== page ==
Top Ten Budget-stretching Ideas
- Candice Atherton Contributing Writer
- 1999 8 Aug
But I have to be honest, after talking with Beth Hill, budgeter extraordinaire, I'm considering waving a white flag. It would probably behoove me to join the team of those who have proudly gone before me, those conservationist consumers who have more left over from their paycheck than I do: the budget-stretchers.
In an effort to usher in a new season of practicality in my life, Beth (one of the budgeting team's finest talents) provided some ideas for making money go a long way.
9. Eating at restaurants; drink water - I know this sounds boring, but did you know that the markup on drinks is significantly higher than the rest of the menu? And I don't mean to be a killjoy, but do you remember those grade school projects where you would put your lost teeth in a glass of Coke? Let's face it, water is a great deal all around.
8. Fast food; don't order value meals - This applies especially for those people who would have ordered the burger and a drink, but then see that for only a few cents more, I get the fries too. That timeless truth prevails, there's no such thing as a free fry. So you end up paying more than you intended and digesting the fries, which for some of us, can be construed as a definite liability.
7. Retail Stores; make an offer on floor models - Floor models may be discontinued or have dings that could easily by hidden with strategic plant or corner placement. They aren't usually marked for sale, but if you ask to buy them, a retailer will usually come up with a price. Your best bet is to let them wait to deliver it until they have sold their last units, so they won't be lacking a display.
6. Gifts; buy them all year long and keep a gift box - Last minute gift purchases are usually more expensive since you can't shop around for a better deal. So institute a gift box that allows you to collect good buys as you go, then give them when an occasion arises, such as children's birthday parties, hostess gifts, or anniversaries (preferably not your own.) (In fact, while we're on the topic, this may be one of those budget-stretching ideas that you keep to yourself lest anyone find out that their gift was not picked out with them in mind.)
5. Coupon Clipping; Some coupons are worth the clipping effort and others aren't (they're eventually used to wrap chewed gum, or they mistakenly become liners for the inside of your handbag or wallet.) Make sure you know which are which. Some people have time to clip coupons all day, (yeah right.) If not, keep an eye out as you peruse magazines and newspapers, because you may see good things along the way. The most valuable coupons can be identified by one of the following: biggest percentage, largest dollar value, or items used at least once a week.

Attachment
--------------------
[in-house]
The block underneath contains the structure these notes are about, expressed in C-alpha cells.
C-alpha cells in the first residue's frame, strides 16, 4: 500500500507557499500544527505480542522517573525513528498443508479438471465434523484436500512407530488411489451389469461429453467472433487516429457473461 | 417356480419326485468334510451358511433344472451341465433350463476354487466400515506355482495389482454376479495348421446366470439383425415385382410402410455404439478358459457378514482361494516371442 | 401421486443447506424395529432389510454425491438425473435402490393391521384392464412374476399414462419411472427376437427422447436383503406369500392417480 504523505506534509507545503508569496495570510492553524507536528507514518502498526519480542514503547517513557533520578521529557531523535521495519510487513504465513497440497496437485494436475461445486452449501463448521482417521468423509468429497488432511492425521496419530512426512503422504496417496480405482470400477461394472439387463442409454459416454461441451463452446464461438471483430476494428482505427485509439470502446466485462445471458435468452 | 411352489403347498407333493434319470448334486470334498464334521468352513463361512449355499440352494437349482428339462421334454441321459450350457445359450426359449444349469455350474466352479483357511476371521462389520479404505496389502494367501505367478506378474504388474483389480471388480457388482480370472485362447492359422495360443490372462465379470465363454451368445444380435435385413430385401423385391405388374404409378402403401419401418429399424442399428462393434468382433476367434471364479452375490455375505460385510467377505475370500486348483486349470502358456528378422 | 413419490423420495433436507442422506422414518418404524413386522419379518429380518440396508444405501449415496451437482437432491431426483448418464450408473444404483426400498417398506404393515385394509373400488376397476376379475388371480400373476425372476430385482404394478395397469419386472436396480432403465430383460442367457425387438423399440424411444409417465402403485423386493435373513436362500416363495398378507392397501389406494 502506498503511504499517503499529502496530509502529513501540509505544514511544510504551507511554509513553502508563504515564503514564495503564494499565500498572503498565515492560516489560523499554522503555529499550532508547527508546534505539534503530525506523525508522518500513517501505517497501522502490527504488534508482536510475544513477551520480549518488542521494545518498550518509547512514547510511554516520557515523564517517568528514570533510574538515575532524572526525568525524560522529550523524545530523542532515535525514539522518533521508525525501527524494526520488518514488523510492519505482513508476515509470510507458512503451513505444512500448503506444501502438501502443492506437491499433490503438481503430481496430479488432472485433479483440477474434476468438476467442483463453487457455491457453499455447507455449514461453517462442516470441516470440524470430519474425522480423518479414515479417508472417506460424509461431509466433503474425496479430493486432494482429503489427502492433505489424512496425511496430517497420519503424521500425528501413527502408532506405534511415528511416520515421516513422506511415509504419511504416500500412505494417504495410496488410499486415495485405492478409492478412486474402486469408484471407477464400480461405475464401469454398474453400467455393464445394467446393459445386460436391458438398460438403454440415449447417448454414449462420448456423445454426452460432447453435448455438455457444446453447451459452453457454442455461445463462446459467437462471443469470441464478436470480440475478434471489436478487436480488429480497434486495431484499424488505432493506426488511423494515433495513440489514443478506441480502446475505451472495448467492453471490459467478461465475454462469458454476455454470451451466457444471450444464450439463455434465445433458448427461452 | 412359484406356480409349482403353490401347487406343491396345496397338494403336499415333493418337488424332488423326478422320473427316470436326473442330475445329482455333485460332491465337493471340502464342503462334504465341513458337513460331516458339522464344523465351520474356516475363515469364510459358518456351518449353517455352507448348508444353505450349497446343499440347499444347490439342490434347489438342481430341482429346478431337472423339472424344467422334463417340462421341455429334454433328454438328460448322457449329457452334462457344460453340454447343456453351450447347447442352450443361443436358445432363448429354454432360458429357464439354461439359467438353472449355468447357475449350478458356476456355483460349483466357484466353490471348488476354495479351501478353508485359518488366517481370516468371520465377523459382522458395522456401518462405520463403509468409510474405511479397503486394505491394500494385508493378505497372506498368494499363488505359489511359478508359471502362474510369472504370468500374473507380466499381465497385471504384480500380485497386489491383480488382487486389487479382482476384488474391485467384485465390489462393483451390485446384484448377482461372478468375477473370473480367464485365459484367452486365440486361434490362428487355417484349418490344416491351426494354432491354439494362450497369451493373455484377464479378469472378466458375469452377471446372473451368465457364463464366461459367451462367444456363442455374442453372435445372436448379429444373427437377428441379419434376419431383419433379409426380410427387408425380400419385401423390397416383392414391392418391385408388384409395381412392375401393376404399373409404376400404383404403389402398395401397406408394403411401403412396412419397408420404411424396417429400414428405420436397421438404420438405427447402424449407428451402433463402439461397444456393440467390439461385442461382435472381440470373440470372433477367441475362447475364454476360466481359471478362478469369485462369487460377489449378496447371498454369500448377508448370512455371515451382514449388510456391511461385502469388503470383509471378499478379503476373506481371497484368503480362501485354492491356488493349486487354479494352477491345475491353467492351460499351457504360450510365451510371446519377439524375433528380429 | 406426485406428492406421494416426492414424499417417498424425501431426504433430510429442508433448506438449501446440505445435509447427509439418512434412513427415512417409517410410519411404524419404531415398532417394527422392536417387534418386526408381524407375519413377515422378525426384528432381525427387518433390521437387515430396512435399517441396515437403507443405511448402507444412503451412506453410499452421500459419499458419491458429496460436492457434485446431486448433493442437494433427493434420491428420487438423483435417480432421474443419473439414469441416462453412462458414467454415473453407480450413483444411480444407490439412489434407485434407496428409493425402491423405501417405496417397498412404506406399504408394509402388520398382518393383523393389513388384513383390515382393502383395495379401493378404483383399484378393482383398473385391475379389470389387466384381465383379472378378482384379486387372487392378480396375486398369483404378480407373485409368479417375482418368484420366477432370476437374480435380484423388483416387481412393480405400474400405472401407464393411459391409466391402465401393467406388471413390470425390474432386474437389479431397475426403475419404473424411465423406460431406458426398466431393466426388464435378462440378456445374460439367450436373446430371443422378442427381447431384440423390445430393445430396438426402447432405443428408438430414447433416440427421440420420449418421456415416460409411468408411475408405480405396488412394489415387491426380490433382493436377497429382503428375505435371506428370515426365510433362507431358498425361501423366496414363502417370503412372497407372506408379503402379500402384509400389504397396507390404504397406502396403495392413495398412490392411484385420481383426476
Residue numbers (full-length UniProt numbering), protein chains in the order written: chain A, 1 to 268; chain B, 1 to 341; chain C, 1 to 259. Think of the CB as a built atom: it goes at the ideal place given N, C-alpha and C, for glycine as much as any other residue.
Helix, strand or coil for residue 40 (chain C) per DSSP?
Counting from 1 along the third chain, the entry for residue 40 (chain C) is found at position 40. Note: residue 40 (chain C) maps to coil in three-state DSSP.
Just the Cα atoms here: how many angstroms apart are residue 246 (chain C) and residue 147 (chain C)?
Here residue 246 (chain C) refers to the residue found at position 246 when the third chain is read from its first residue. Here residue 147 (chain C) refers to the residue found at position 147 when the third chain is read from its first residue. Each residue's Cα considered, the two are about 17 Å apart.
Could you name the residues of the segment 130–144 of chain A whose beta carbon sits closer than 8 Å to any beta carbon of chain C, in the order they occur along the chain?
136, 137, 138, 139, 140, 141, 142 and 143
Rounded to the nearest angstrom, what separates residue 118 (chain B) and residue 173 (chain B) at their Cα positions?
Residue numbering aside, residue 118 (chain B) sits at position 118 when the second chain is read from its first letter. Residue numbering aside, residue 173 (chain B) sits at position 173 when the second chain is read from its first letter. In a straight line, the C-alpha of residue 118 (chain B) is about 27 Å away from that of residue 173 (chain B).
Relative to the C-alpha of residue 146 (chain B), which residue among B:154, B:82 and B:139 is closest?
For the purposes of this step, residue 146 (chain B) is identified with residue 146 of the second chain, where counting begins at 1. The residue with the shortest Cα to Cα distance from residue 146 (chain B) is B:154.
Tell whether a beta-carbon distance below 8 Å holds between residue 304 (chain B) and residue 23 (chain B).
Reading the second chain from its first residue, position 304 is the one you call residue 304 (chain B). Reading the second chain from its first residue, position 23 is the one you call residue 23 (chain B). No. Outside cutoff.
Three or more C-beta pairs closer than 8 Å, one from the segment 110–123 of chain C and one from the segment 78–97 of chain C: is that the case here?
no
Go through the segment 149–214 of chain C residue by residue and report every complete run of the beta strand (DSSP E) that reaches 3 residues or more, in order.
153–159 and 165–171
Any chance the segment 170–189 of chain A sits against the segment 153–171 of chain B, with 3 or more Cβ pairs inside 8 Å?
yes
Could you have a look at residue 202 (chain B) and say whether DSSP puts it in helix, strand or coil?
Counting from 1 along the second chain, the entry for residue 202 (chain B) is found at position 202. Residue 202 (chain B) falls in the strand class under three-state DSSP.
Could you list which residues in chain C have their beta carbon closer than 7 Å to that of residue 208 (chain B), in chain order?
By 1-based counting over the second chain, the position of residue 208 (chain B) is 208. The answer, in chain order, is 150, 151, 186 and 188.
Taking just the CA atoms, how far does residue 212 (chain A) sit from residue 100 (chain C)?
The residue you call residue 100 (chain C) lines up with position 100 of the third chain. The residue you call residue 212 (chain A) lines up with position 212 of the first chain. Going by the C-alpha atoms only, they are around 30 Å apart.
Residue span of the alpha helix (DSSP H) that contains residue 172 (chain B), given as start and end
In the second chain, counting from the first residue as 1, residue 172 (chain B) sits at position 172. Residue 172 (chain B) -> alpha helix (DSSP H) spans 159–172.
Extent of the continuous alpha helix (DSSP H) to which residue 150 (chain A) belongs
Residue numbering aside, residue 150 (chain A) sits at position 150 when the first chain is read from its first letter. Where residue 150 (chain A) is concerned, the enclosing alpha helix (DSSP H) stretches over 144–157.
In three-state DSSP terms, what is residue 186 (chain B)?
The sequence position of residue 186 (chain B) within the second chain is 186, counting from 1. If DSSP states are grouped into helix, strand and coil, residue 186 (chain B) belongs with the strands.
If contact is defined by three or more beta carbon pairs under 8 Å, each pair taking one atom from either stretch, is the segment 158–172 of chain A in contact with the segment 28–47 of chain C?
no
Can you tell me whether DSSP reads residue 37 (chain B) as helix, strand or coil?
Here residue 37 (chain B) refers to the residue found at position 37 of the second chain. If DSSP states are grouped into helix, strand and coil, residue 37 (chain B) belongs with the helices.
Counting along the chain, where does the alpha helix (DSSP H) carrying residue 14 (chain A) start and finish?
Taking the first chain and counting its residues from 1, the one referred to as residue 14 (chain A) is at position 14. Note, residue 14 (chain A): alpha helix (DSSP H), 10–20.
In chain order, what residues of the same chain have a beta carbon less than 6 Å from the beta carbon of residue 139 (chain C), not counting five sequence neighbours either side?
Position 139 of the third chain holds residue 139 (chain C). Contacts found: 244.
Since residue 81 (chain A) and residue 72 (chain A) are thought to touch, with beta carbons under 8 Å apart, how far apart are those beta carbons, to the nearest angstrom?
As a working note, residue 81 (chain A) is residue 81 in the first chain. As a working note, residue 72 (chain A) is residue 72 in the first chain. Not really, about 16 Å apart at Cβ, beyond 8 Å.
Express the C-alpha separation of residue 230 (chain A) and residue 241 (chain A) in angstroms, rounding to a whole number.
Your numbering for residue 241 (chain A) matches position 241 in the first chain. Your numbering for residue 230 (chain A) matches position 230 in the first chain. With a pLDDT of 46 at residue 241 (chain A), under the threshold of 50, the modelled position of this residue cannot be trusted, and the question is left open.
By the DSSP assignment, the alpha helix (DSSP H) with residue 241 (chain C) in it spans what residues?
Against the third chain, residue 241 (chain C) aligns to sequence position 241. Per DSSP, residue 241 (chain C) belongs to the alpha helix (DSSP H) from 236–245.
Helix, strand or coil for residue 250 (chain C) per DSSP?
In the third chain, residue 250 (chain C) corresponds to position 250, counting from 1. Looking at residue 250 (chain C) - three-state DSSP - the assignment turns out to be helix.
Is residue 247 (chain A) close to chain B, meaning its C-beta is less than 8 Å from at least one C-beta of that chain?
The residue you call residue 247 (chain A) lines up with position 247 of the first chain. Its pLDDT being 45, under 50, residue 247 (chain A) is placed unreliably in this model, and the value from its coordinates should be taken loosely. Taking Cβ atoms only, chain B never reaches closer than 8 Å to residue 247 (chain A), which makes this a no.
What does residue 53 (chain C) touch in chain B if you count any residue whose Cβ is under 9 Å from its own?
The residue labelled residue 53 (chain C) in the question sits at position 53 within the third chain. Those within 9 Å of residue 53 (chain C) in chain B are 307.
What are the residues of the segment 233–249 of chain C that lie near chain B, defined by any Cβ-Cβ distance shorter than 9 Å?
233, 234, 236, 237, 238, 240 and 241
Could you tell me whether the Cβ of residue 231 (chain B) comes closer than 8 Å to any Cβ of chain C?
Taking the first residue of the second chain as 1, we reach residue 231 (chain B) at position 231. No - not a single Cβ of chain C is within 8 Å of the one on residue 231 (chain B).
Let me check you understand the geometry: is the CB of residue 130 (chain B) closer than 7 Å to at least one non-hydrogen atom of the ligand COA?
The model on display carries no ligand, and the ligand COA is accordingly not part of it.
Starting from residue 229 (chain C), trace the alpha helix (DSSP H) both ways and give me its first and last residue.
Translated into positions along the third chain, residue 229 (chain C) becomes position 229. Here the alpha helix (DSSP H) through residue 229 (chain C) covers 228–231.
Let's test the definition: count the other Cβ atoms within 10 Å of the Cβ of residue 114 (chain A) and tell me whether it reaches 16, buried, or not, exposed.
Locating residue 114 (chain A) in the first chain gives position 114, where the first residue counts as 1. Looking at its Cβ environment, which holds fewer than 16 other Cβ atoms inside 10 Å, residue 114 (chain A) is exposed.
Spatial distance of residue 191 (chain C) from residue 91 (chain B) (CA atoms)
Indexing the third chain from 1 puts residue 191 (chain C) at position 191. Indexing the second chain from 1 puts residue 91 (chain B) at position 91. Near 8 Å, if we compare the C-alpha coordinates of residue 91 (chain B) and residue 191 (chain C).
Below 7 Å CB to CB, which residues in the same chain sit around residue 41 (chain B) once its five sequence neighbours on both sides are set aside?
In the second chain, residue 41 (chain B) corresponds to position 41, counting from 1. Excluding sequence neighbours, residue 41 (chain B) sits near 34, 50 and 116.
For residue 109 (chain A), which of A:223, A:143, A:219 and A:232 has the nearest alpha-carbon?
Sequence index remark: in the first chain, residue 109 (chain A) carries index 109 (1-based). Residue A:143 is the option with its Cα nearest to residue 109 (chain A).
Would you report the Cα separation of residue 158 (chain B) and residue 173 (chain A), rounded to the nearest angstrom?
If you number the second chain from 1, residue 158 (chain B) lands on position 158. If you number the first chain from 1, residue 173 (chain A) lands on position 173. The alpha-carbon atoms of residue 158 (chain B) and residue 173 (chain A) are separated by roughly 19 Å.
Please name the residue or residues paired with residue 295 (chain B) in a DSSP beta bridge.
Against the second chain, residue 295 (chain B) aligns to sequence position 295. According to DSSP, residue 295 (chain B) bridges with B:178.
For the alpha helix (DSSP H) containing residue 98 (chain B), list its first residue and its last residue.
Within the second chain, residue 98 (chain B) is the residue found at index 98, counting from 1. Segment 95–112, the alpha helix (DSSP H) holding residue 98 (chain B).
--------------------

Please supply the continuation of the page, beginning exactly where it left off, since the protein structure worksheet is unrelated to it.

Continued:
4. Pay yourself first - (Well, actually second.) After giving to the Lord, use 10% of your income for investments to build your equity. You can learn to live on less if you take the money out of your paycheck before it even gets into your hand. If cutting your salary creates a problem, then make a commitment to invest any pay increases you receive so you don't have to make cuts.
3. Vacations; try a home exchange - If you have friends who live in other cities or parts of the country, exchange homes for a week. It costs nothing to stay there and you get a much needed change of perspective.
2. Extra income; peddle your skills - Whether you have a full time job or you're not working, you always have a little bit (or teensy weensy bit) of extra time. You can earn a pretty high per-hour cost if you hone and market one of your skills such as carpentry, baby-sitting (you can even combine it with looking after your own children), handy man tasks, painting, or housekeeping. You would be surprised at how many people would rather pay you than a professional (no offense) who will inevitably charge more.and the top budget-stretching idea is. . .
1. Incorporate a "get rid of it" box- How often do you put something away and say to yourself "I wonder if I'll ever use this." What if, instead of putting those things back, you toss them into a box that only gets emptied out once or twice a year. That way, you have several months to retrieve the item if you change your mind (That is, after all, your prerogative.) But if it stays in the box, then you either sell it (sometimes your friends' garage sales will work) or donate it and take the write-off. This technique helps in at least three ways, it's financially smart, it reduces the amount of clutter in your house, and it facilitates a happier marriage.
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Beth Hill is a mother of one and wife of one. She is a Management Analyst for the Federal Aviation Administration, and coordinates the Financial Counseling Team at Covenant Life Church in Gaithersburg, MD.